Date of Award

Spring 5-11-2019

Degree Type


Degree Name

Doctor of Education (EdD)



First Advisor

Dr. Jonathan Bartling

Scholarship Domain(s)

Scholarship of Discovery


Rapidly changing environments force organizations to adapt quickly to remain relevant. However, a given organization’s ability to adapt depends largely on its leaders’ ability to guide and direct their subordinates in the use of the organization’s resources. Research has identified self-directed professional development (SDPD) as a critical component of leaders’ ability to meet the challenges of adaptation, but notably absent from the literature are explorations of how leaders’ self-perception relates to the degree to which they engage in SDPD. The purpose of this quantitative study was to deepen current understandings of the interplay between self-perception and individual behavior in the organizational setting, specifically through administration of the Leader Efficacy Questionnaire and assessment of SDPD participation and attitudes of 120 organizational leaders with a view to exploring the relationship between leader self-efficacy and engagement in SDPD as well as any variables that could moderate such a relationship. Multiple regression analysis of participants’ responses produced the statistically significant finding that leader self-efficacy had no bearing on participation in SDPD activities, but that positive attitudes toward SDPD could predict high levels of leader self-efficacy. Highly efficacious leaders are thus more likely to believe in the value of lifelong learning, but self-reported participation in SDPD may fall outside the scope of individual behaviors that can predict perceptions of self-efficacy. Accordingly, the study’s findings call for further exploration of how leaders’ self-perceptions can be channeled for the benefit of their organization.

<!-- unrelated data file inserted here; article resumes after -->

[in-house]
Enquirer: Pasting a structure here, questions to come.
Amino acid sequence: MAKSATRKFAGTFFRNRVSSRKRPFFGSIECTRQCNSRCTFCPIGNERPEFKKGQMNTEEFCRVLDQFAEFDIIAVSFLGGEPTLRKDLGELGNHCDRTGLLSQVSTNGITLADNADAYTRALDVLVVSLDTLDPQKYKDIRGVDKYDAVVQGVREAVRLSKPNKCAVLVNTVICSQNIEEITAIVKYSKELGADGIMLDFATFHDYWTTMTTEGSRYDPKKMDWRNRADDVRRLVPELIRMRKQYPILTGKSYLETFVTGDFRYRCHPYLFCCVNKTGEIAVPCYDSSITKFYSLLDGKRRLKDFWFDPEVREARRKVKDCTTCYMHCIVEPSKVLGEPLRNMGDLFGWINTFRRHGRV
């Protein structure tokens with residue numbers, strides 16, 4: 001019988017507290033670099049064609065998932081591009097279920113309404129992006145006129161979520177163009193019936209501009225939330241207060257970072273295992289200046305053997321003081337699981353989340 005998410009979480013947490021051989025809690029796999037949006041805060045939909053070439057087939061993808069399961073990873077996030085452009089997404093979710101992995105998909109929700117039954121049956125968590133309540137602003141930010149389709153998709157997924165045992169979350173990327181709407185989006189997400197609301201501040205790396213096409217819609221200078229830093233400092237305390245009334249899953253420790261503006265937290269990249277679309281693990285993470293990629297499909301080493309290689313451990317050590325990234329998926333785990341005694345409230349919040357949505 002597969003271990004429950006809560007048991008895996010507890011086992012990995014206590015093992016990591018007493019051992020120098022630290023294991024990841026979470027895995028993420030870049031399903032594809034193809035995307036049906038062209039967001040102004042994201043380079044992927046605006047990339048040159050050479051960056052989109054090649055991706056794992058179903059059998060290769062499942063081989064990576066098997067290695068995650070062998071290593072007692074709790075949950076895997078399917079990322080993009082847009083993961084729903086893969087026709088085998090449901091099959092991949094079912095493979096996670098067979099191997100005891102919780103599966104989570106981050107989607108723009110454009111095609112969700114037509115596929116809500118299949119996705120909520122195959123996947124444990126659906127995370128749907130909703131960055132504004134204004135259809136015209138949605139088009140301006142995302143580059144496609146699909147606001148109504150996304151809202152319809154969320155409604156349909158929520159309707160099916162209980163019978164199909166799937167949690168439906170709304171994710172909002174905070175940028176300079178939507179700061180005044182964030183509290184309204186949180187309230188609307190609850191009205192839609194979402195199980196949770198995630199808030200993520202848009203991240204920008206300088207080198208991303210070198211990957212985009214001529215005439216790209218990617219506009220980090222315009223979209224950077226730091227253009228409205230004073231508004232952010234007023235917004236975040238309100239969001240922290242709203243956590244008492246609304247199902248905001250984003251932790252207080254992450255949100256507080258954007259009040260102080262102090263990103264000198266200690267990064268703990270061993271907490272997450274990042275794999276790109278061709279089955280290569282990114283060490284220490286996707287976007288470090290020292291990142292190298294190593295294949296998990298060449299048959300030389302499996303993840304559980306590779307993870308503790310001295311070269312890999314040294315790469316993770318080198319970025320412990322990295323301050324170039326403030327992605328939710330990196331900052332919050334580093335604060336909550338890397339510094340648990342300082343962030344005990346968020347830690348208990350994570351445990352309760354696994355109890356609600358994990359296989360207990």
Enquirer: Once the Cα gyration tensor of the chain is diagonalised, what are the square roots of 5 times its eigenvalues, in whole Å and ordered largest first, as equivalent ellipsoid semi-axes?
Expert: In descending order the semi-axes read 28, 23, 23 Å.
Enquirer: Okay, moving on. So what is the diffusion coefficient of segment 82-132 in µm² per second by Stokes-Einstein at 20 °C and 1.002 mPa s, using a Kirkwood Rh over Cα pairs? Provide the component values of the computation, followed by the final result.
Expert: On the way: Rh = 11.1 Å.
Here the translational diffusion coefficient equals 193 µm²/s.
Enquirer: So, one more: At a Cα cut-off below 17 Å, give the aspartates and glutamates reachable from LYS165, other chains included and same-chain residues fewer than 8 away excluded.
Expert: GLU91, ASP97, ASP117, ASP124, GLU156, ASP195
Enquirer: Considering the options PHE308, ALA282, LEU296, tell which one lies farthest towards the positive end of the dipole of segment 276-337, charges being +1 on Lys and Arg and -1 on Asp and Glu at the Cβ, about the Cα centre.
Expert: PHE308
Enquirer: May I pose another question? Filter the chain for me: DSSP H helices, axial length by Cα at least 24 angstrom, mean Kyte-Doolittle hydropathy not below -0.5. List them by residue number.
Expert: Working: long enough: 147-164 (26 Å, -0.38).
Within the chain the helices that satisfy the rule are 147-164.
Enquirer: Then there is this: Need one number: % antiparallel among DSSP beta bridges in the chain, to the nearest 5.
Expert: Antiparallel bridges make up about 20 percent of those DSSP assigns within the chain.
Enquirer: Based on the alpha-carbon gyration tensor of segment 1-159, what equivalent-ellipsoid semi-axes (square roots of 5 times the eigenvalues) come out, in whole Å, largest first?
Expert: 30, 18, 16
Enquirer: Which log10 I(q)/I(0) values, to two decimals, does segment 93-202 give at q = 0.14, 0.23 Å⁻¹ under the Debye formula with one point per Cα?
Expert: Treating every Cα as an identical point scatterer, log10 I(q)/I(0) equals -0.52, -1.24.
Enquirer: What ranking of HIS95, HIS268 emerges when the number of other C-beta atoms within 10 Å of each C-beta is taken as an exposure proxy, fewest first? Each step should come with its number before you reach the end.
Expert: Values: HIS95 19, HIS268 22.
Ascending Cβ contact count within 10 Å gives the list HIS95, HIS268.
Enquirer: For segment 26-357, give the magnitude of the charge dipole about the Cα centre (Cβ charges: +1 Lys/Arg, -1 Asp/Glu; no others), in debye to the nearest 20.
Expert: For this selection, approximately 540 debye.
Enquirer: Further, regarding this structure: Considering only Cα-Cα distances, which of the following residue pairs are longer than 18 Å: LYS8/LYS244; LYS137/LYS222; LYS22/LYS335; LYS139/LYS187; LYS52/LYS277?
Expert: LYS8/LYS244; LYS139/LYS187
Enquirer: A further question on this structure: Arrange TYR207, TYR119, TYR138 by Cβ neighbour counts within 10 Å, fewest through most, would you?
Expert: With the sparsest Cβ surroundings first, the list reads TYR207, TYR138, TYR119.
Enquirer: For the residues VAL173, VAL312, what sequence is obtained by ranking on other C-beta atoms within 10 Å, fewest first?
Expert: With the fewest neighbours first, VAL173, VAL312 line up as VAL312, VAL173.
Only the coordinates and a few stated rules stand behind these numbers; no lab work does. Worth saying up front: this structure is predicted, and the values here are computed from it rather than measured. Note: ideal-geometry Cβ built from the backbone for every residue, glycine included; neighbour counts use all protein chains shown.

Creative Commons License

Creative Commons Attribution-Noncommercial 4.0 License
This work is licensed under a Creative Commons Attribution-Noncommercial 4.0 License